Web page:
People have been modifying Rega's classic RB series tonearms for some time now, but never have we come across such a dramatic transformation as the one achieved by the Audiomods Series III tonearm.
It uses the arm tube, lift mechanism and rest clip from an RB250 and replaces everything else with machined aluminium parts that, like the tube, are polished for a perfect finish.
If that weren't enough, Audiomods adds a micrometer to the system that allows precise VTA adjustment on-the-fly. The arm is also presented in a padded wooden box and comes with alternative counterweights.
In fact, how this can be done for the asking price is a bit of a mystery.
Double helix technology
The most striking thing about the arm are the holes drilled into it, these run down the arm in two spirals to form a double helix. The purpose is to reduce mass without undermining stiffness, as would be the case with a straight line of holes.
Audiomods also inserts press-fit discs inside the arm to increase radial stiffness and reduce resonant peaks.
The biggest change to a standard RB250 is in the bearings, which are ceramic hybrid types in a machined yoke. Interestingly, the same type of bearing is also used for horizontal movement and both are decoupled from the base.
It comes in two wiring variants: one terminates the arm cables in a five-pin plug in the base (£625) and the option shown above, which has a continuous 900mm-long loom that ends in a pair of Nakamichi phono plugs. The wire used is silver litz and terminates in silver tags at the cartridge end.
Audiomods also supplys two sizes of counterweight, extensive set up instructions, alignment gauges for different null positions and annealed copper shims to mass load lighter types of cartridge.
We listened to this arm on a Townshend Rock 7 and the Dr Feickert Analogue Woodpecker (in both instances it supported a van den Hul Grasshopper III cartridge).
The heavier of the two counterweights proved big enough to balance the heavy cartridge and the Townshend damping paddle, but only just. However, this didn't stop the Audiomods from delivering a far more fluid sound than the standard RB300 it replaced.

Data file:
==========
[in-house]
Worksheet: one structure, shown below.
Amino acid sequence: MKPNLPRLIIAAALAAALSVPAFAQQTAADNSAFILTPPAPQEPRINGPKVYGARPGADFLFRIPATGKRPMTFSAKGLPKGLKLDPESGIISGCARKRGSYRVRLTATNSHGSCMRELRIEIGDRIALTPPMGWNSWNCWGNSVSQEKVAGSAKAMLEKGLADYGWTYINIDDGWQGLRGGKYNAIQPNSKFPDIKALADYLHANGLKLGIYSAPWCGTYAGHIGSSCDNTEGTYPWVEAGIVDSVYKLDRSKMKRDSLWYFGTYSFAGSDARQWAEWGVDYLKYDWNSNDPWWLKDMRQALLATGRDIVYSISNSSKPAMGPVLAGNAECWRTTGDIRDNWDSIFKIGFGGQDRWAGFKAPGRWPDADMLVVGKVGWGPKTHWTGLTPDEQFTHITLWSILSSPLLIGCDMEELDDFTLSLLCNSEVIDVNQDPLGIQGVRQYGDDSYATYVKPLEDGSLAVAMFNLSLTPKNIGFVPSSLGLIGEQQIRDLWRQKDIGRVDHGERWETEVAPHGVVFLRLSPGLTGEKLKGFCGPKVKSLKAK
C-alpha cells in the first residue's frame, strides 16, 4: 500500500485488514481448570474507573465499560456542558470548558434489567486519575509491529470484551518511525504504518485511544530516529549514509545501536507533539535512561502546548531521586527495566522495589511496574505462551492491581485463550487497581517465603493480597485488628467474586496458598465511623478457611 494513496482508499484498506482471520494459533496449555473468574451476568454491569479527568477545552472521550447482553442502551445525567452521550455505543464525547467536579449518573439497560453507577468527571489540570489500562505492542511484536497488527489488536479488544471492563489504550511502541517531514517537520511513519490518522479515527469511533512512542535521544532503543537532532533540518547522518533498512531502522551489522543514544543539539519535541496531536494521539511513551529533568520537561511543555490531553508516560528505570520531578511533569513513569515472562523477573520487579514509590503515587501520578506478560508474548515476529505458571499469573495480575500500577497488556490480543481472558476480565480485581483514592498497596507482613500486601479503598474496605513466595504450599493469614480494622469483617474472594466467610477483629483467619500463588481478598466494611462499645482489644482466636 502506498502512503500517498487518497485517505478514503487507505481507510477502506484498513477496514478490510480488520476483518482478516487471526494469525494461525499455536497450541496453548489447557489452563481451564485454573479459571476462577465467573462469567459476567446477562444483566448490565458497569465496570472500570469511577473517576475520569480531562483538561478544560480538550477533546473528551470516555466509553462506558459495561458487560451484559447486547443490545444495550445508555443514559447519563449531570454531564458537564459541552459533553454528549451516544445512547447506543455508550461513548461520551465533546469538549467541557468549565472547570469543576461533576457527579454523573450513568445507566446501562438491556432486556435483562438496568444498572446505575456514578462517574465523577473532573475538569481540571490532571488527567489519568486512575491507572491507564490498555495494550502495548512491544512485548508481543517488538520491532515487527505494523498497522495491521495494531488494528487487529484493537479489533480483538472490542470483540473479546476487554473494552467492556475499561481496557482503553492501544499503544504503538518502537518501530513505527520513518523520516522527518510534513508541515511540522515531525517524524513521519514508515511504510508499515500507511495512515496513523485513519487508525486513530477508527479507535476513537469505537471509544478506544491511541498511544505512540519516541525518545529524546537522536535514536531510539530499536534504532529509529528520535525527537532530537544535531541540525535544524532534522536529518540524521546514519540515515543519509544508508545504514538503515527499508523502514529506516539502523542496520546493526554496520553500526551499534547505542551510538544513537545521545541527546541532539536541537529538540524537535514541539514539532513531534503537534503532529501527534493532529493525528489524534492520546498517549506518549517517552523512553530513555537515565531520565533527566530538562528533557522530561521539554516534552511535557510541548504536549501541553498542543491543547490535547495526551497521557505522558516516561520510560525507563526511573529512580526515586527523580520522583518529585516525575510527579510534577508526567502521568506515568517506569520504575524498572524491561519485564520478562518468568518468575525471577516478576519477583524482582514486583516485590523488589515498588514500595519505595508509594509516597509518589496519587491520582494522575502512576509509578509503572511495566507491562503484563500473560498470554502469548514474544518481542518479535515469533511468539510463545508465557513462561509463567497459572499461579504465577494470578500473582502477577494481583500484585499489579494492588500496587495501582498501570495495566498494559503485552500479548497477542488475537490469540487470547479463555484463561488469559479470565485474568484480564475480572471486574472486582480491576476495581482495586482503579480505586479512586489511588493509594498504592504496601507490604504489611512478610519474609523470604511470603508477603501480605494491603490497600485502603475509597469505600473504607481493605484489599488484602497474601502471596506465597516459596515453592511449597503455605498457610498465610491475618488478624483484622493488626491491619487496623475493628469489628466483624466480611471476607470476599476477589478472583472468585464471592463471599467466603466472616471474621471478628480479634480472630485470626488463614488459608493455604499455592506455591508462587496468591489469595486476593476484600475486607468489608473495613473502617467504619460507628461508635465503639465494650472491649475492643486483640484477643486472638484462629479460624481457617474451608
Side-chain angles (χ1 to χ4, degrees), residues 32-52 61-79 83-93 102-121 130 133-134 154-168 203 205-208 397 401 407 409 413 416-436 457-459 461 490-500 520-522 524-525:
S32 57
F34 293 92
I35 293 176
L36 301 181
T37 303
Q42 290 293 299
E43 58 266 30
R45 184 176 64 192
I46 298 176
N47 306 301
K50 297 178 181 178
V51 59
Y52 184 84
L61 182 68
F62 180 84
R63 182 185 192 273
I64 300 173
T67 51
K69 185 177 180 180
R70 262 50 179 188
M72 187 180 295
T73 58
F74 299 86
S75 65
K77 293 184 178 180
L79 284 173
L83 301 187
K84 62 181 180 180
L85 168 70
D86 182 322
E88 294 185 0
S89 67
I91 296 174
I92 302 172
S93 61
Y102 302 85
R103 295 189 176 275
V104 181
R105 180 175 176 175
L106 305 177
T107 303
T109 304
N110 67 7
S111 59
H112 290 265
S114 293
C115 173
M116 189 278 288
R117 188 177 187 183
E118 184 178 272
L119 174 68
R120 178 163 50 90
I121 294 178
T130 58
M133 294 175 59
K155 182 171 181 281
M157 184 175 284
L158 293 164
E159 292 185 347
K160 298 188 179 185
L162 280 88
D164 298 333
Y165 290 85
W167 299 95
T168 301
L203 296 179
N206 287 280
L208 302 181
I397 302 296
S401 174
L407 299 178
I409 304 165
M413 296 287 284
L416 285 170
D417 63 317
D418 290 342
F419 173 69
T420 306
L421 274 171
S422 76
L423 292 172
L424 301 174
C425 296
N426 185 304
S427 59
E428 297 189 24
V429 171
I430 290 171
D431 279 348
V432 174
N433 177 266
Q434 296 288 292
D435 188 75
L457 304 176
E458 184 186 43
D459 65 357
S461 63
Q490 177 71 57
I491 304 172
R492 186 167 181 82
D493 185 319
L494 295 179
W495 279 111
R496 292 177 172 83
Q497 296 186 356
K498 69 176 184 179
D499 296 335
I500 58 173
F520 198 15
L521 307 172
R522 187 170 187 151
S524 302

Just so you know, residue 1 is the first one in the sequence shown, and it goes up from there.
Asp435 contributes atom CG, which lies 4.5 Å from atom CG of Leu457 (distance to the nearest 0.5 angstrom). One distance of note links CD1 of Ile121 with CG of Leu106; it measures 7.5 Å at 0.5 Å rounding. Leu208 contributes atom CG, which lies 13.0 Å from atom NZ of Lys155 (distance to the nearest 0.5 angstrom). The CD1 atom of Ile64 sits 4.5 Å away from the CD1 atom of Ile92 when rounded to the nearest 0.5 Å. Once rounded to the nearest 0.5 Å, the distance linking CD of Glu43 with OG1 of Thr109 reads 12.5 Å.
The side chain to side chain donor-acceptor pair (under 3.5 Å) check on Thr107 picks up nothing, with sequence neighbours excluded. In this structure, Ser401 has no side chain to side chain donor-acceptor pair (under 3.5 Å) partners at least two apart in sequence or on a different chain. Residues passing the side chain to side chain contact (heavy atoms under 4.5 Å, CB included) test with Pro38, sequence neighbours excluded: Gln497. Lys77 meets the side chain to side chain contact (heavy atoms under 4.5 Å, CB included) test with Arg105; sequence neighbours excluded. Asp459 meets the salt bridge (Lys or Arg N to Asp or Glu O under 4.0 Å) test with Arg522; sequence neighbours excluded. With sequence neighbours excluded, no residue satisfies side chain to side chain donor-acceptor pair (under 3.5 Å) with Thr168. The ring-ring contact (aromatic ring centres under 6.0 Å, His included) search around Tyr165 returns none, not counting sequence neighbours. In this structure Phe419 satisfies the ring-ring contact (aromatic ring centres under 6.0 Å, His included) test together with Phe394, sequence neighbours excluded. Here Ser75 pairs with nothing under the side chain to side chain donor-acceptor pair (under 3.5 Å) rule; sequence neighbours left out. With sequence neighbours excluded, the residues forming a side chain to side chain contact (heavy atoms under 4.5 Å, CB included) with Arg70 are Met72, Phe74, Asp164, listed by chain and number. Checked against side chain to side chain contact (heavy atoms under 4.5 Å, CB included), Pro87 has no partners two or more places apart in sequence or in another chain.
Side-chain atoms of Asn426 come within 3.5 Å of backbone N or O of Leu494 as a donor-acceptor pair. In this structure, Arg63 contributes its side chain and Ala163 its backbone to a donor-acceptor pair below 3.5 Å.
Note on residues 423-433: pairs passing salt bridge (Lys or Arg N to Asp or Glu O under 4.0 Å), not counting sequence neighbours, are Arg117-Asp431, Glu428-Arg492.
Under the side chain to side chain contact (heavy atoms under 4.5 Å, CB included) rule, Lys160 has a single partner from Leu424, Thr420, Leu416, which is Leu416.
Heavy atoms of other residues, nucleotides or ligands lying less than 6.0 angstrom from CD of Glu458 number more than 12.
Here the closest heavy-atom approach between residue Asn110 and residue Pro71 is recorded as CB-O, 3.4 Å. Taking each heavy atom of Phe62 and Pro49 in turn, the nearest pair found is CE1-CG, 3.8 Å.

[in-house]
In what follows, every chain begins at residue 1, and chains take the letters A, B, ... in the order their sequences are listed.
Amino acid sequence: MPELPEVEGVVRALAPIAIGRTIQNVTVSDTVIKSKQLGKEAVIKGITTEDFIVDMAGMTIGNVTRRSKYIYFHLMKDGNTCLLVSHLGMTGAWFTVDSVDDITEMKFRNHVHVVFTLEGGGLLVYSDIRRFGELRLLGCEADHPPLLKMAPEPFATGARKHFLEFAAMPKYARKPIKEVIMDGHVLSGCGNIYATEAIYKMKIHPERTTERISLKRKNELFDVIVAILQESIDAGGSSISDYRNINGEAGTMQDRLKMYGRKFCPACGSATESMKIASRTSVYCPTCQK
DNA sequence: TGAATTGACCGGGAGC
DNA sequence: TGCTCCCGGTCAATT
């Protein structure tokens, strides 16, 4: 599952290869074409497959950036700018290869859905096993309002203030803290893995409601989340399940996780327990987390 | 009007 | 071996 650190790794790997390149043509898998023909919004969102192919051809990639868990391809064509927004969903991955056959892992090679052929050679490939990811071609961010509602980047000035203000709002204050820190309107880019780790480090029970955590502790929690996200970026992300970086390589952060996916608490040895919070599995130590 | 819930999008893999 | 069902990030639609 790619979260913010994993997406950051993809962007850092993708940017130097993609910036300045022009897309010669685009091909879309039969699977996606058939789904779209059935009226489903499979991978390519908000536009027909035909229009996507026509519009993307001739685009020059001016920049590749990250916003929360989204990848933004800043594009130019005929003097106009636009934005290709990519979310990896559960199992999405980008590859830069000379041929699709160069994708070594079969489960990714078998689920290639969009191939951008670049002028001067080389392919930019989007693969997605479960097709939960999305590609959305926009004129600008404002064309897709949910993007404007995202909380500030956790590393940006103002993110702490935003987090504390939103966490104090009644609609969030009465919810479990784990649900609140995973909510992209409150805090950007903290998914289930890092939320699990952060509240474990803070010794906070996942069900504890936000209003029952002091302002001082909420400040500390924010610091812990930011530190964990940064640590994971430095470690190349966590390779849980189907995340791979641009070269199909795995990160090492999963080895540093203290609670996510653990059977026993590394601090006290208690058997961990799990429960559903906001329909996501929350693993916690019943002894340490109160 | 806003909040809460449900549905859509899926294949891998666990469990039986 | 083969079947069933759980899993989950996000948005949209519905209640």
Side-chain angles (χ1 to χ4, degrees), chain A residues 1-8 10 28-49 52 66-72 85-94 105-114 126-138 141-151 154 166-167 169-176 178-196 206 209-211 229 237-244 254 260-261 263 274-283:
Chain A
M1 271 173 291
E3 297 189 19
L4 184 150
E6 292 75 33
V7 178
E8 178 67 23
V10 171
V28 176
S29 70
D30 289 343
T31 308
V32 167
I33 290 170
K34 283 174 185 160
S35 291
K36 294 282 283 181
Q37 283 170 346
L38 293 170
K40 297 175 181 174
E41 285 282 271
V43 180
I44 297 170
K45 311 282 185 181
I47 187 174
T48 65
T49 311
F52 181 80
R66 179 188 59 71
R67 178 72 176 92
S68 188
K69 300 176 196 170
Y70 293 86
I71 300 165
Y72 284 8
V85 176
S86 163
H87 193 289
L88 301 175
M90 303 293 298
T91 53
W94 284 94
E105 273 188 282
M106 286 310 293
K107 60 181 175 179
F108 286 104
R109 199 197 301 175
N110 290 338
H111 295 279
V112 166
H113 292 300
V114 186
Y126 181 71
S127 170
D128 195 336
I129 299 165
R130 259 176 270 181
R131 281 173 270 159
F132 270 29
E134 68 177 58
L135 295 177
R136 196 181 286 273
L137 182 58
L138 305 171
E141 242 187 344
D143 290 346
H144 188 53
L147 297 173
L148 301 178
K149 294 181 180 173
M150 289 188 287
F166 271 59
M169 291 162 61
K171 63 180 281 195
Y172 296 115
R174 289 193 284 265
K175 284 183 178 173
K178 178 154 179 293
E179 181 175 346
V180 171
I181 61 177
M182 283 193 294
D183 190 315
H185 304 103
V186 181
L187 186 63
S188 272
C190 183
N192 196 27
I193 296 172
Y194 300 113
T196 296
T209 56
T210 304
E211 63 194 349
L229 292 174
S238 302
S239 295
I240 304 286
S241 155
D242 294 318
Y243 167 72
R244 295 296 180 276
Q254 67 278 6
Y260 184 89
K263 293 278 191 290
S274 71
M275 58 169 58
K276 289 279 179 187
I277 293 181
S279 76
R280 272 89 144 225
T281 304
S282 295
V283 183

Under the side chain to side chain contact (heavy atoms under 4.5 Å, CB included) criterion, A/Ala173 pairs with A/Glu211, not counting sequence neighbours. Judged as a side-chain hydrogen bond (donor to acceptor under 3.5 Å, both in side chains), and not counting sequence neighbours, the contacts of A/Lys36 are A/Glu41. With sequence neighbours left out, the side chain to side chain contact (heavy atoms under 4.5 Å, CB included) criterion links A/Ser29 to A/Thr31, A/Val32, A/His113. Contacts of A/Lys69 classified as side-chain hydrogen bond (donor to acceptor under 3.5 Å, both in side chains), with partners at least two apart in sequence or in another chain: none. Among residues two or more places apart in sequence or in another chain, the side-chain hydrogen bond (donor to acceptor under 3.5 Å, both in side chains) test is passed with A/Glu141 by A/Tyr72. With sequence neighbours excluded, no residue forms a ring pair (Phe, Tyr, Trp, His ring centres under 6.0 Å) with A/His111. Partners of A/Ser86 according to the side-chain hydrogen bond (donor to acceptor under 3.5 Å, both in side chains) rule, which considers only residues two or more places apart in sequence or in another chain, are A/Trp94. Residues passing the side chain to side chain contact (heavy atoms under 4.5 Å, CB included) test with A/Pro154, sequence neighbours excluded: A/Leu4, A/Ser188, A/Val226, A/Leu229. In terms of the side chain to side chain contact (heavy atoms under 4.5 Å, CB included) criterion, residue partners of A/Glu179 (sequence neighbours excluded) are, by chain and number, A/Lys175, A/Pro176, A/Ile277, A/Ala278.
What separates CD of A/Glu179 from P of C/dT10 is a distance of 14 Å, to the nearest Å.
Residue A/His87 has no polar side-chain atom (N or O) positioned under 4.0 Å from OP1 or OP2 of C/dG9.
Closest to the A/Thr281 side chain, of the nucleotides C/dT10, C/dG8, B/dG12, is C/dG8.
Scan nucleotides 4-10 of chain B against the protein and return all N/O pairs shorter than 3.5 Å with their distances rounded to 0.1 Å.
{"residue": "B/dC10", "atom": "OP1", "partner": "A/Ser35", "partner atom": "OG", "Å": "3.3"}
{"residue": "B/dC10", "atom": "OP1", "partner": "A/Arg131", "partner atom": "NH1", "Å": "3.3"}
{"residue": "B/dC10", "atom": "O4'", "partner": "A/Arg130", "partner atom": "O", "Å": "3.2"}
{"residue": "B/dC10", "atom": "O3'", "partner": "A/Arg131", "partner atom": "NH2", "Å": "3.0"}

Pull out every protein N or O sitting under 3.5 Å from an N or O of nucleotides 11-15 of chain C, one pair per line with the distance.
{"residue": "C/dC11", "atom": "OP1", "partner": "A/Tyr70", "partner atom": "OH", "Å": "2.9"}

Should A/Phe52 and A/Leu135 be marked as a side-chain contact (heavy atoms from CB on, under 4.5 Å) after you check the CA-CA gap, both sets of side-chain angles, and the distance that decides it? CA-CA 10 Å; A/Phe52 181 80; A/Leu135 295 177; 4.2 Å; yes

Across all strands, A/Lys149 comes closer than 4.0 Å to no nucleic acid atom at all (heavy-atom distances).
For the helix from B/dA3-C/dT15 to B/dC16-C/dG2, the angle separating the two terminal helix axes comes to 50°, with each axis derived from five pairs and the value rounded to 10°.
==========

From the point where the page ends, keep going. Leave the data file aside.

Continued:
We also enjoyed the easy adjustment of VTA while the record played, a feature which encourages positioning it where it can be easily accessed from the listening seat.
Moving over to the Woodpecker, the difference between this and the Rega was even more pronounced, the finesse of the shiny arm making the latter seem crude by comparison.
It plays beautiful tunes across the band, but this is most obvious in the bass where the abilities of various musicians is never less than obvious.
The degree to which you can hear what's going on in the mix is quite remarkable and the way it combines this analysis with musicality is extremely engaging.
This impressively built arm has a very calm and clean presentation that makes more expensive alternatives seem brash and up front. Cymbals could not sound more realistic, while kick drums have weight and power.
There have been many attempts at refining what is a very good arm design in the RB250, but this is by far the most comprehensively capable and revealing example we've encountered. The fact that it has been so well thought through and is supplied with every bit of hardware and information you need to get it to sing, shows just how much effort Audiomods has put into the job.
It seems under priced for what you get, but we're not complaining!
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